Parents want to know about social and emotional learning
The report 'A New Conversation With Parents' throws light on the dialogue that parents really want to have with their schools.
Researched by the charity Family Lives, it suggests that parents are interested in a far broader range of information than test results and Ofsted give them. It concludes that parents want more information about teaching quality, behaviour, bullying, exclusions, the progress of particular groups of pupils, their well-being and their social and emotional development:'
They also want to know about whether their children are happy at school, whether they are developing into well rounded, polite, confident, respectful young people and about what other parents think’.
Just as Ofsted is narrowing its range of judgements so the 1,124 parents surveyed suggest that they should continue to judge schools according to a wider brief. Judgements should still include how well schools nurture pupils’ social and emotional development, their effectiveness in working with and communicating with parents and the options they make available to young people who want a more practical, vocational curriculum.
Choosing a school is of far greater import than choosing a television or a car. However, parents are being provided with similar tools to enable them to make their choices.
The website School and Local Statistics enables parents to statistically compare schools in their local area. Parents are able to select two to five schools to compare test and exam results, pupil and workforce statistics and spend per pupil. According to A New Conversation With Parents, this website does not provide the information that parents are looking for or appreciate the factors, such as proximity and local reputation, that lead to parents choosing a school.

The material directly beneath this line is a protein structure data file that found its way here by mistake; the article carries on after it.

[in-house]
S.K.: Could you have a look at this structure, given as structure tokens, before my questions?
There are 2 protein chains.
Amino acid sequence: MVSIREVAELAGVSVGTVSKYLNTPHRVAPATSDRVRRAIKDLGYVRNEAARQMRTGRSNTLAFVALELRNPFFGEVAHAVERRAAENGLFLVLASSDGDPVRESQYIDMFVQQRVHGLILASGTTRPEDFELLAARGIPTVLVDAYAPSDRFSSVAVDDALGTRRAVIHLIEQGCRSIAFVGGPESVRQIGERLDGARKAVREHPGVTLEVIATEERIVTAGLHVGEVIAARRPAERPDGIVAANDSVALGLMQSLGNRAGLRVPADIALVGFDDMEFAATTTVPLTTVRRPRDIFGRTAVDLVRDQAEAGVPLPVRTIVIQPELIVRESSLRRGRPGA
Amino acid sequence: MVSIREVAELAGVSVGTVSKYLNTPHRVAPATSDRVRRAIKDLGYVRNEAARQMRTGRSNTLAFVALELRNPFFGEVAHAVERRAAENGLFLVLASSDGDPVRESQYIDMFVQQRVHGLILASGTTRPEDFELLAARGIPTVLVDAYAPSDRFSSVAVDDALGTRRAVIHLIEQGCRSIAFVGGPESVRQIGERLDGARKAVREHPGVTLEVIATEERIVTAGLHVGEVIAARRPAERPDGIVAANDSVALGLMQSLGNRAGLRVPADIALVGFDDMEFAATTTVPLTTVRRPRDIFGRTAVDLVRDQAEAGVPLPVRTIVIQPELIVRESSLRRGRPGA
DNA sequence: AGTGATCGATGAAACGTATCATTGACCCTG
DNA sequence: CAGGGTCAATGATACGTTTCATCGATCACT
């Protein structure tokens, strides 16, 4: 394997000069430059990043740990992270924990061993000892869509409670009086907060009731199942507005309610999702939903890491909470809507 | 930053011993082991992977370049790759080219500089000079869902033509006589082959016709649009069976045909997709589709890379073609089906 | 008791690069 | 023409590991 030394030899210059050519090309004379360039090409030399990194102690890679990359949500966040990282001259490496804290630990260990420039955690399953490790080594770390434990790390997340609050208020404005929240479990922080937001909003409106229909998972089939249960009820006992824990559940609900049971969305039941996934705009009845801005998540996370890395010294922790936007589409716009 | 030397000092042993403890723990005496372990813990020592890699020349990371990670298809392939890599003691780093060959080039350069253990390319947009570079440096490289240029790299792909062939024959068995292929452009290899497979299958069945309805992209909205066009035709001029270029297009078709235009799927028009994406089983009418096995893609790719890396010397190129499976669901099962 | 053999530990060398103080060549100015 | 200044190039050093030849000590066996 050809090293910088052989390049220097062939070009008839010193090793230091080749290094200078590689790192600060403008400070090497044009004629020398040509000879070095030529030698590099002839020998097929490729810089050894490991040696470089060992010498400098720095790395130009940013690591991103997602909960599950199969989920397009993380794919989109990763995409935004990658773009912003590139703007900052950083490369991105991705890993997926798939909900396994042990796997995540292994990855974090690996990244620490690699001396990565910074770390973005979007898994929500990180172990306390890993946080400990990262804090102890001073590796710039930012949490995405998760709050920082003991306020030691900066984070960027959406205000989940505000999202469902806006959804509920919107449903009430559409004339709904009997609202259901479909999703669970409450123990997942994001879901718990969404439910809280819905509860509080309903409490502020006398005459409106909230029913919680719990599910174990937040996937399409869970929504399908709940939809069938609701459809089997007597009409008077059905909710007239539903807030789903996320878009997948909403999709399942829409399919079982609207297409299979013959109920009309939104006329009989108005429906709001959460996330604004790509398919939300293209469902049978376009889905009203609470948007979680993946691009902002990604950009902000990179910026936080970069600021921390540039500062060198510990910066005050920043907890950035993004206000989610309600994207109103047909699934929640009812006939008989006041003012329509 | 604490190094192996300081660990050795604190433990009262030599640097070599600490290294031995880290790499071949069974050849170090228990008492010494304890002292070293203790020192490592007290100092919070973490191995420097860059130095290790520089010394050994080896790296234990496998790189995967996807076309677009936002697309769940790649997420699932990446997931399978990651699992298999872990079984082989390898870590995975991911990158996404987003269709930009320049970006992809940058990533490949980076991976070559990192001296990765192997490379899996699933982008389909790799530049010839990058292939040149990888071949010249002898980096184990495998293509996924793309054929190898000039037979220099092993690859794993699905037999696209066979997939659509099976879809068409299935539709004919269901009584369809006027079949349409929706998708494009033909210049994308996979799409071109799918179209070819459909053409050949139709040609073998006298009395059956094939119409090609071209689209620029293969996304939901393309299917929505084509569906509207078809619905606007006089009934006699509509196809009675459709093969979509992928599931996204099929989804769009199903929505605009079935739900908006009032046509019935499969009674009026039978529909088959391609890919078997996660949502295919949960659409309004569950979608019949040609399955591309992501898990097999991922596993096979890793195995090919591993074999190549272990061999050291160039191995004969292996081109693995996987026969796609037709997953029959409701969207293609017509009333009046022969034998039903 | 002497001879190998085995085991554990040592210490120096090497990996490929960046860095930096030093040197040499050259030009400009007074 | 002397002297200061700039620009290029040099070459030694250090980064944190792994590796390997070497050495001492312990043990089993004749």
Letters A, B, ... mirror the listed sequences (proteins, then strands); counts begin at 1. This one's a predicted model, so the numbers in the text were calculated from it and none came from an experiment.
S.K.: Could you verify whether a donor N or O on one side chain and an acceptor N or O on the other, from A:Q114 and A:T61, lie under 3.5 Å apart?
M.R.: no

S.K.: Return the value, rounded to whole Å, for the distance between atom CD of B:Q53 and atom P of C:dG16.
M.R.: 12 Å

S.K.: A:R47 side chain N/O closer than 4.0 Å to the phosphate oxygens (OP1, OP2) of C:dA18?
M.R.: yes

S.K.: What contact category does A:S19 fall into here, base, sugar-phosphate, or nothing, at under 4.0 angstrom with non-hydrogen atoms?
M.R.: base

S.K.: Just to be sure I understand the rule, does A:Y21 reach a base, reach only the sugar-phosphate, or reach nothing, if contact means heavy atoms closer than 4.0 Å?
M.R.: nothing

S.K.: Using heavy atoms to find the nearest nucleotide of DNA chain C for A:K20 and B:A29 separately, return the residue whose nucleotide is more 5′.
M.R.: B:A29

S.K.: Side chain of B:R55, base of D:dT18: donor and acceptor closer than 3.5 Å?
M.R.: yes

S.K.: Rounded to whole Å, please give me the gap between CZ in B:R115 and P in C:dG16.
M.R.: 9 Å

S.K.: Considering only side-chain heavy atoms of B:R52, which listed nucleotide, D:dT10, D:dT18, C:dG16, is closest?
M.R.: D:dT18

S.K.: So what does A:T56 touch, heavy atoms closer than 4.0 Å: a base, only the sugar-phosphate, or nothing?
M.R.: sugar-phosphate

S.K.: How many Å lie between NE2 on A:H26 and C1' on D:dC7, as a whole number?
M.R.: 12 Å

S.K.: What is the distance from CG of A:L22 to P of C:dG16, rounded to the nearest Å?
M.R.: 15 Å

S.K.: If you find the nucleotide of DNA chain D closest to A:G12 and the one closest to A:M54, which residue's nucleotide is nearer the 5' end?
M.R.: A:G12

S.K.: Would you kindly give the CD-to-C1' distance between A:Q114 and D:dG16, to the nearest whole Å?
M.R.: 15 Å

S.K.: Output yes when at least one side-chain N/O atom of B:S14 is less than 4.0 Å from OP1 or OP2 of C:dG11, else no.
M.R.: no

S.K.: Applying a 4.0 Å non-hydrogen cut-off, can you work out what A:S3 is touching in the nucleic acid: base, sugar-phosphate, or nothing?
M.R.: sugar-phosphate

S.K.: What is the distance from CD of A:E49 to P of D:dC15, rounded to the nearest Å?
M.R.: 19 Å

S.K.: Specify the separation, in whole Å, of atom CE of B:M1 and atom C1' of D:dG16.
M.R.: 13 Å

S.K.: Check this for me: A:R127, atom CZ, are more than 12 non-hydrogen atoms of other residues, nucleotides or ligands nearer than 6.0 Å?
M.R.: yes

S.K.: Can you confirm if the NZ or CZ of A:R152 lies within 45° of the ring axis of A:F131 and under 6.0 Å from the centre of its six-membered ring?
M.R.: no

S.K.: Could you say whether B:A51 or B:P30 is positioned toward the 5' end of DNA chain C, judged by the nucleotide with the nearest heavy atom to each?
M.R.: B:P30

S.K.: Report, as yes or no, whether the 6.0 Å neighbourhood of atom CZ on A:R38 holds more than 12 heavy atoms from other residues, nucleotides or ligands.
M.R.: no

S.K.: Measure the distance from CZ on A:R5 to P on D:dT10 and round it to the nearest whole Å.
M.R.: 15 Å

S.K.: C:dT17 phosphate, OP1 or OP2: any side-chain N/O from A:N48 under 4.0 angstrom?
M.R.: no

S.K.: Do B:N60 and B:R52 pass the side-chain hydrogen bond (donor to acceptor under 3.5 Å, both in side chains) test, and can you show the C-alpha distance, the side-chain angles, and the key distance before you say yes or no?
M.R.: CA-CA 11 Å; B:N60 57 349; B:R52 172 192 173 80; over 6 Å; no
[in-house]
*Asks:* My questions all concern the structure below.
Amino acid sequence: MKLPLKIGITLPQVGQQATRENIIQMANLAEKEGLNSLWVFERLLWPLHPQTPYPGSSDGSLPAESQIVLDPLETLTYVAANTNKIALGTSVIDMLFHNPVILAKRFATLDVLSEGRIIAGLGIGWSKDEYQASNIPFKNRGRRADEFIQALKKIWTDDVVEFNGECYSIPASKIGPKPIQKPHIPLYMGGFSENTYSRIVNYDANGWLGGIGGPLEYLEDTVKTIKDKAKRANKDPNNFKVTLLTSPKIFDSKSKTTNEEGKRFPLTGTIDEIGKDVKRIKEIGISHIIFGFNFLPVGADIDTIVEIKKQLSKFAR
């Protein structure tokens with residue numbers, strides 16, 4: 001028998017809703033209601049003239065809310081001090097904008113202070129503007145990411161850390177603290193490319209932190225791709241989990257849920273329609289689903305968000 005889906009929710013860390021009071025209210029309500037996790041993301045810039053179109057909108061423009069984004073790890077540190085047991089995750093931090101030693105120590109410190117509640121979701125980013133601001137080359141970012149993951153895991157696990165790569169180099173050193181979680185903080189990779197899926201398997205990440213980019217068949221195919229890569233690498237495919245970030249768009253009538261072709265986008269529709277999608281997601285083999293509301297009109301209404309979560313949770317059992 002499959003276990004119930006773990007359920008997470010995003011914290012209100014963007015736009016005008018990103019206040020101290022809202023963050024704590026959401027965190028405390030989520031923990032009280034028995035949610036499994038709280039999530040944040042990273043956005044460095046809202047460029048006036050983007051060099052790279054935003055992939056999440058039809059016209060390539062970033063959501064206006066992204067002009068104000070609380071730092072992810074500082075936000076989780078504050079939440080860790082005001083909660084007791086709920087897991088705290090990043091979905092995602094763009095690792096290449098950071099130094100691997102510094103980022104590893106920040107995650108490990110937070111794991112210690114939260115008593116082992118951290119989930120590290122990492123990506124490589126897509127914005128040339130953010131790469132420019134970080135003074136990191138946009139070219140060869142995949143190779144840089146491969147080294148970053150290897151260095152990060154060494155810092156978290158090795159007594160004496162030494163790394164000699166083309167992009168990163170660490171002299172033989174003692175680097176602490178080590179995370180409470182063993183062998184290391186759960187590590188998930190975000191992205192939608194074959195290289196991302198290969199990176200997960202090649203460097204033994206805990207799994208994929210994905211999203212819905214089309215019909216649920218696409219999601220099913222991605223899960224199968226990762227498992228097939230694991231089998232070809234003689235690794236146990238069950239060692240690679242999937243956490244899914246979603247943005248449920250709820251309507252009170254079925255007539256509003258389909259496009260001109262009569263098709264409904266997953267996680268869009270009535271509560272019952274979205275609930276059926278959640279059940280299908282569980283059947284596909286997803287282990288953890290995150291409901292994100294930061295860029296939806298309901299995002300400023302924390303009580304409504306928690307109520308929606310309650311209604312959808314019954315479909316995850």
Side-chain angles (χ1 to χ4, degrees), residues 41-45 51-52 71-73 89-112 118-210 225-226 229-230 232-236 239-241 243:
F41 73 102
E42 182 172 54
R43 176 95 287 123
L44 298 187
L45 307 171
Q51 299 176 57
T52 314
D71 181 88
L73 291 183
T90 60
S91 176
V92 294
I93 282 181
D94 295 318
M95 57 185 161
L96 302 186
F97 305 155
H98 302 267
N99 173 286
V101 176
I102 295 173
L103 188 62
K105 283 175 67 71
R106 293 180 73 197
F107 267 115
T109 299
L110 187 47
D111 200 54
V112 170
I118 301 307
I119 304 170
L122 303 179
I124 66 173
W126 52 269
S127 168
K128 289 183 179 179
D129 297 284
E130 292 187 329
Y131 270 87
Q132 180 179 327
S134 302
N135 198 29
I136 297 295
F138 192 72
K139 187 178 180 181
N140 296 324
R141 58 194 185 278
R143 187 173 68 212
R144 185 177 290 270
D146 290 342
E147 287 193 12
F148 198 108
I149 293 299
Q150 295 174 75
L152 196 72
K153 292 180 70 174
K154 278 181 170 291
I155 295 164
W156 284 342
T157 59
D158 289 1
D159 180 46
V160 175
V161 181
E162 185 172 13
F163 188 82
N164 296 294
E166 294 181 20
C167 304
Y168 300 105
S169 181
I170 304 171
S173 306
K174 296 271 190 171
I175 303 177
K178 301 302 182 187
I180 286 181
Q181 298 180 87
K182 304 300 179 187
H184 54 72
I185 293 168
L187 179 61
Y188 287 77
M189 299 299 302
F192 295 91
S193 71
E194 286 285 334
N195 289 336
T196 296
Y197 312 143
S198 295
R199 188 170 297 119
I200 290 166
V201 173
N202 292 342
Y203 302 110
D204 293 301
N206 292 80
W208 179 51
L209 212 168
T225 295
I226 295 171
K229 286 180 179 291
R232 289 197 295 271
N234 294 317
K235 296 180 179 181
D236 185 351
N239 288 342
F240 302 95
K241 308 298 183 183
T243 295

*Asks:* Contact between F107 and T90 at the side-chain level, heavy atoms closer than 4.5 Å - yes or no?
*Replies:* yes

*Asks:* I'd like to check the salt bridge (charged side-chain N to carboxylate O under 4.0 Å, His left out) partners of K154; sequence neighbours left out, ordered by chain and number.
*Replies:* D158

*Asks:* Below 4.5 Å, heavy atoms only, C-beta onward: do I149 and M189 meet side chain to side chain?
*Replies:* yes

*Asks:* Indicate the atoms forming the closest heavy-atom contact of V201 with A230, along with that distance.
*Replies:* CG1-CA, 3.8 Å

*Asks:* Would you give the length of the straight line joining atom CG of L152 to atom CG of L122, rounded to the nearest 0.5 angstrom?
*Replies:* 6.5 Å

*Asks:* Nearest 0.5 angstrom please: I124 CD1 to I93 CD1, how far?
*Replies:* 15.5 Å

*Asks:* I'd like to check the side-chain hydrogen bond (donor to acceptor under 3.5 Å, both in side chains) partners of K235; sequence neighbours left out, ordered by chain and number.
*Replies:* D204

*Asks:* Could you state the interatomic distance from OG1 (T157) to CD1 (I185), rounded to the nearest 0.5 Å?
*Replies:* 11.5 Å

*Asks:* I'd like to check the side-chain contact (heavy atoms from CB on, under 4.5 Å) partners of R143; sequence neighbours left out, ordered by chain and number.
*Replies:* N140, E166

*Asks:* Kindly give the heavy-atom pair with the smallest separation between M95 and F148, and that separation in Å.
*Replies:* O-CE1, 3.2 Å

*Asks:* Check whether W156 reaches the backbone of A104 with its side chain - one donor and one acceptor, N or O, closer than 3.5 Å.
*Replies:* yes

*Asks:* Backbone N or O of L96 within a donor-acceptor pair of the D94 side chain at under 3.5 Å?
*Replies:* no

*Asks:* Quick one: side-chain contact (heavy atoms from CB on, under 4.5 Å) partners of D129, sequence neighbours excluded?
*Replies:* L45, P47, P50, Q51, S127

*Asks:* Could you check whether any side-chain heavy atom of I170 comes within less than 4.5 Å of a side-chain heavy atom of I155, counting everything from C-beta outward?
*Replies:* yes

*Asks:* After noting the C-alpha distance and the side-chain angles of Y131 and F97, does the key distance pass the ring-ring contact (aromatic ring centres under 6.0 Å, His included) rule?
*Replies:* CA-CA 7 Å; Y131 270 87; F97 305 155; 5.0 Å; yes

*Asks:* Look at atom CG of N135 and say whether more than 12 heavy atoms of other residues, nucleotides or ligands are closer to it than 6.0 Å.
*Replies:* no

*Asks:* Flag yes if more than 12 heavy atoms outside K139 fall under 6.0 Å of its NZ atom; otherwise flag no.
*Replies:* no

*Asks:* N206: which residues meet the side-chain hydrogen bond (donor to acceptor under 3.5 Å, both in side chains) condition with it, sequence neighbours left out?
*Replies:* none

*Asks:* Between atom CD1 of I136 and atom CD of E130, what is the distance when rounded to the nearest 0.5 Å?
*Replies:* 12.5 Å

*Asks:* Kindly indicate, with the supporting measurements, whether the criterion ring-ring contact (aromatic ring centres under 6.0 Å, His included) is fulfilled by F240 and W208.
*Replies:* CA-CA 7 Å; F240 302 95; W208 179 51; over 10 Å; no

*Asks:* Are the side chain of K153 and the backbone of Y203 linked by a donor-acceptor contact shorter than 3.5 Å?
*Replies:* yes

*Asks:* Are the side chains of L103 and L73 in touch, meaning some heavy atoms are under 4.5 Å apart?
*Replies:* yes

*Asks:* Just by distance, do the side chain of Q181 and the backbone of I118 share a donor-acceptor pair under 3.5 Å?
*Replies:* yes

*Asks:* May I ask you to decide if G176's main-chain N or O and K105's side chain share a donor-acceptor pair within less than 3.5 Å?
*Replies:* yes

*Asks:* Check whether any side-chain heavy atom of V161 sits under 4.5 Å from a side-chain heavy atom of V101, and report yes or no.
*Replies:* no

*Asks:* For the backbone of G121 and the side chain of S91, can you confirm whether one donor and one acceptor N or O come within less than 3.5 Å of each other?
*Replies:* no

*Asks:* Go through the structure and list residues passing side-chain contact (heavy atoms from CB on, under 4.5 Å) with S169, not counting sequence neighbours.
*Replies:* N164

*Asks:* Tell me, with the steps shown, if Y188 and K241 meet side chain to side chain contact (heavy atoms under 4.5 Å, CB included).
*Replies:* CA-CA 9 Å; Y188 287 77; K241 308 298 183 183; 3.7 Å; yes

How Parent View works
Parents are asked to indicate whether their child:
- is happy
- is safe
- makes good progress
- is well looked after
- is taught well
- receives appropriate homework.
They are asked if the school:
- makes sure its pupils are well behaved
- deals effectively with bullying
- is well led and managed
- responds well to any concerns
- provides valuable information about progress
Is Parent View a good thing?
Family Lives found mixed reactions to Parent View, the website that allows parents to make comments to Ofsted about their child’s school throughout the year. The majority of parents did think there should be more opportunities to communicate with inspectors but there was less certainty about whether the views of parents should be able to trigger an inspection.
Comments from the profession on Parent View
The NUT says, ‘What is important for parents is that they have a voice in schools and that their views are taken seriously. It’s not clear therefore why parents, who may have quite legitimate questions to which they seek answers, would choose this route.’
Russell Hobby, general secretary of the NAHT says, ‘Ofsted’s website is open to easy abuse… The solution is simple: parents should be accountable for their feedback. The school doesn’t need to know their names, but Ofsted should.’
Paul Hussey, ex-headteacher and SIP suggests that ‘as ever, the parents who have a complaint will be more likely to fill in a response, those that are happy probably will not. Many prudent schools will alert their parents to the 12 questions themselves and encourage as wide a response as possible to ensure a representative sample of views are available to governors and Ofsted.’